Shock level for green algae is about 40% of the CYA level (for yellow/mustard algae it's 60% of the CYA level). However, make sure your DPD chlorine test isn't getting bleached out by diluting your pool water with tap water (or filtered or distilled water). I am surprised you've still got high chlorine demand even overnight with crystal clear water.
spike

no free chlorine

Postby spike » Mon 02 Jul, 2007 14:14

The sample is dipped directly from the pool so I do not expect any diluting of the sample. I've have shocked at 30% not 48% on a CYA of 80.
chem geek
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Postby chem geek » Mon 02 Jul, 2007 14:53

I'm sorry I didn't make myself clear. I meant that if your chlorine level is above 10 ppm, then the DPD chlorine test (the one where you add 5 drops and it turns red and you measure the intensity of red) can bleach out from the high chlorine levels making you think you have no chlorine when you actually do. The dilution I was referring to would be intentional where you mix, say, one part of pool water with three parts of distilled or filtered water and then do the DPD test and multiply the result by 4.
udontknowhodou

lots of money to fix it

Postby udontknowhodou » Wed 01 Aug, 2007 22:49

My problem was the same, only to find out that i had the musterd problem, a fine powder like form of alg. LOOK IT UP! It made me drain, raised a phosphate level up and down trying to fight it. SHOCK< SHOCK< SHOCK. the problem is when you get it you have to hit it hard. try using yellow out or yellow treat. then flock it twice and vacum to waste. Follow the directions for yellow out and hit it hard with shock and make sure you raise your ph to 8.4 befor doing the process of yellow out. I would even hit it a third time with in 2 monthes. keep flocing and vacum to waste each time! always check ph and chlorine levels. When you vacum to waste, and readd tap water, the ph goes down. The ph, low or no phosphates, and chlorine are very important factors in killing the mess in a musterd infested pool. hope it helps.
car0407

Postby car0407 » Wed 22 Aug, 2007 23:25

this is my 2nd year that i haven't had a chlorine reading in my 21ft round above ground pool. my water is also crstal clear. whats the big deal if i don't get a reading? the water is clear. why not just go on with no chlorine reading?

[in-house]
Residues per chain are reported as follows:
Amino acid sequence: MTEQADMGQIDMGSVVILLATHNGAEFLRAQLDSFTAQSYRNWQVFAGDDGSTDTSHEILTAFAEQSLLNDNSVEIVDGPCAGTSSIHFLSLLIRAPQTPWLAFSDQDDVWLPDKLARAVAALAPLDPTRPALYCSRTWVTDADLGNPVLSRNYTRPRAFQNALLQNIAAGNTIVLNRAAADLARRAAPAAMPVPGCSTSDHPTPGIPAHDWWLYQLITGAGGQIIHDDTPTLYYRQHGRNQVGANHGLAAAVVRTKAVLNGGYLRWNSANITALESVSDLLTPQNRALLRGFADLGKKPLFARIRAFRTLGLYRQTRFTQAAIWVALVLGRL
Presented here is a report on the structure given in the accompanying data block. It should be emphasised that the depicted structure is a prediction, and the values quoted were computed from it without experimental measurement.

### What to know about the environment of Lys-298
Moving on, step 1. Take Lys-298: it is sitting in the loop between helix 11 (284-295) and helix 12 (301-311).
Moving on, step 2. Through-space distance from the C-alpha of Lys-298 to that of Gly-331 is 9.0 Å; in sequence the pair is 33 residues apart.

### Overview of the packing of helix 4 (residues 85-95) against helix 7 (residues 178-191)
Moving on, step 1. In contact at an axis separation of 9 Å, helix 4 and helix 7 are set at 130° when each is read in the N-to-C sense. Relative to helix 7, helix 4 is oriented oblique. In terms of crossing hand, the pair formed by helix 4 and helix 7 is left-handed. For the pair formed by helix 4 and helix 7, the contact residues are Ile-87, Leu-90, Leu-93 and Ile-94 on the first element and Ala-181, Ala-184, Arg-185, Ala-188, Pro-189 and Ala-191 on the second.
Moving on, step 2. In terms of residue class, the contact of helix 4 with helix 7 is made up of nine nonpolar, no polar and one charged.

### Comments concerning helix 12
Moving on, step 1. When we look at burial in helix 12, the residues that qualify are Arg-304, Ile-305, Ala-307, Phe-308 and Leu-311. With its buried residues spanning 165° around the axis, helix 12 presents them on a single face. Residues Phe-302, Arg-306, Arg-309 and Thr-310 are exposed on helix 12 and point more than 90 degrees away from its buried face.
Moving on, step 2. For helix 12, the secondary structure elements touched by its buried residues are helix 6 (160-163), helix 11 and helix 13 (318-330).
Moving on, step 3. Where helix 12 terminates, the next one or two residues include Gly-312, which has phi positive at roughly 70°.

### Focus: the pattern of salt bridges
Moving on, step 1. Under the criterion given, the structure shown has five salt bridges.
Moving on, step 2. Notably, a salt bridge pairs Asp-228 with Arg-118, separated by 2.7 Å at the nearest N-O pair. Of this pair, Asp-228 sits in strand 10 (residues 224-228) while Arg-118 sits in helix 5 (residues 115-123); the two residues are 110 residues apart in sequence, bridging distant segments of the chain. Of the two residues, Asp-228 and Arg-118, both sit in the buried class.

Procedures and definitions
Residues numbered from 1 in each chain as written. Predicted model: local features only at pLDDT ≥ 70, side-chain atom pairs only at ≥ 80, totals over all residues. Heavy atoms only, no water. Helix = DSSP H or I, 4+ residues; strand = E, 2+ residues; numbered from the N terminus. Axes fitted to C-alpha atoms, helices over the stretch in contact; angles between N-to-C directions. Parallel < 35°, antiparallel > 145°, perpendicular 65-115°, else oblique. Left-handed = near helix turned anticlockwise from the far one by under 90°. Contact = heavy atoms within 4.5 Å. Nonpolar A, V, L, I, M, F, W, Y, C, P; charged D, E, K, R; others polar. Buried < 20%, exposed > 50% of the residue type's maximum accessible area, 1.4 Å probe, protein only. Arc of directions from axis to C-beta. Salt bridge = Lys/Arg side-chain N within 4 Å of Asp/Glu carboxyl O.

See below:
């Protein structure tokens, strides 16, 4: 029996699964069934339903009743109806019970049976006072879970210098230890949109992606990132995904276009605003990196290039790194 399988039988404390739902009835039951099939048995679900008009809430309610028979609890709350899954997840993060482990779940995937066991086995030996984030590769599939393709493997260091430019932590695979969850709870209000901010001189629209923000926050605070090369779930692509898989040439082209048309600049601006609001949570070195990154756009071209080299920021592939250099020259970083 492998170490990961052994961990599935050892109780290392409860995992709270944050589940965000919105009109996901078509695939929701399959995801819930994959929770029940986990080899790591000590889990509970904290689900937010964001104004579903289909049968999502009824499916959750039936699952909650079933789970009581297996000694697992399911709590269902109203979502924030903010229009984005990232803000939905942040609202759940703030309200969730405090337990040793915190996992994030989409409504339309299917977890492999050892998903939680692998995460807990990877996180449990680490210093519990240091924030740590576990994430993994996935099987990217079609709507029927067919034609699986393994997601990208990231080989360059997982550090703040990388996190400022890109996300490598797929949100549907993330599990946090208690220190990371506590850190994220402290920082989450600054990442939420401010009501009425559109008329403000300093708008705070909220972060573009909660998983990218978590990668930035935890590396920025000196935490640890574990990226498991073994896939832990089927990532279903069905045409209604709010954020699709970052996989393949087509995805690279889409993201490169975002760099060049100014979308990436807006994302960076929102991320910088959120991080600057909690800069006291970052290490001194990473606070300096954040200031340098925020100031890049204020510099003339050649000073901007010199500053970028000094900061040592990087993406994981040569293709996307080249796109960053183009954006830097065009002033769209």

xbombero
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Chlorine level

Postby xbombero » Mon 19 Nov, 2007 17:24

When you start your test if there is a flash of color and then it goes clear the cl2 level is too high for the test kit.

Don
BlindSite
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Re: lots of money to fix it

Postby BlindSite » Wed 21 Nov, 2007 03:33

udontknowhodou wrote:My problem was the same, only to find out that i had the musterd problem, a fine powder like form of alg. LOOK IT UP! It made me drain, raised a phosphate level up and down trying to fight it. SHOCK< SHOCK< SHOCK. the problem is when you get it you have to hit it hard. try using yellow out or yellow treat. then flock it twice and vacum to waste. Follow the directions for yellow out and hit it hard with shock and make sure you raise your ph to 8.4 befor doing the process of yellow out. I would even hit it a third time with in 2 monthes. keep flocing and vacum to waste each time! always check ph and chlorine levels. When you vacum to waste, and readd tap water, the ph goes down. The ph, low or no phosphates, and chlorine are very important factors in killing the mess in a musterd infested pool. hope it helps.


You're better off throwing everything you use in the pool into the water and throwing in a copper algaecide with good benzochronium after lowering the pH to about 7.0ppm.
lehighguy

chlorine

Postby lehighguy » Tue 13 May, 2008 15:07

You also should be looking at you alklinity level. If you have no alklinlity level your pool water is eating through your chlorine to get alkinlinity. I had to put 50 lbs of alkilinity increase last year and my pool leveled itself out and I was back to my once a month chemical checks!!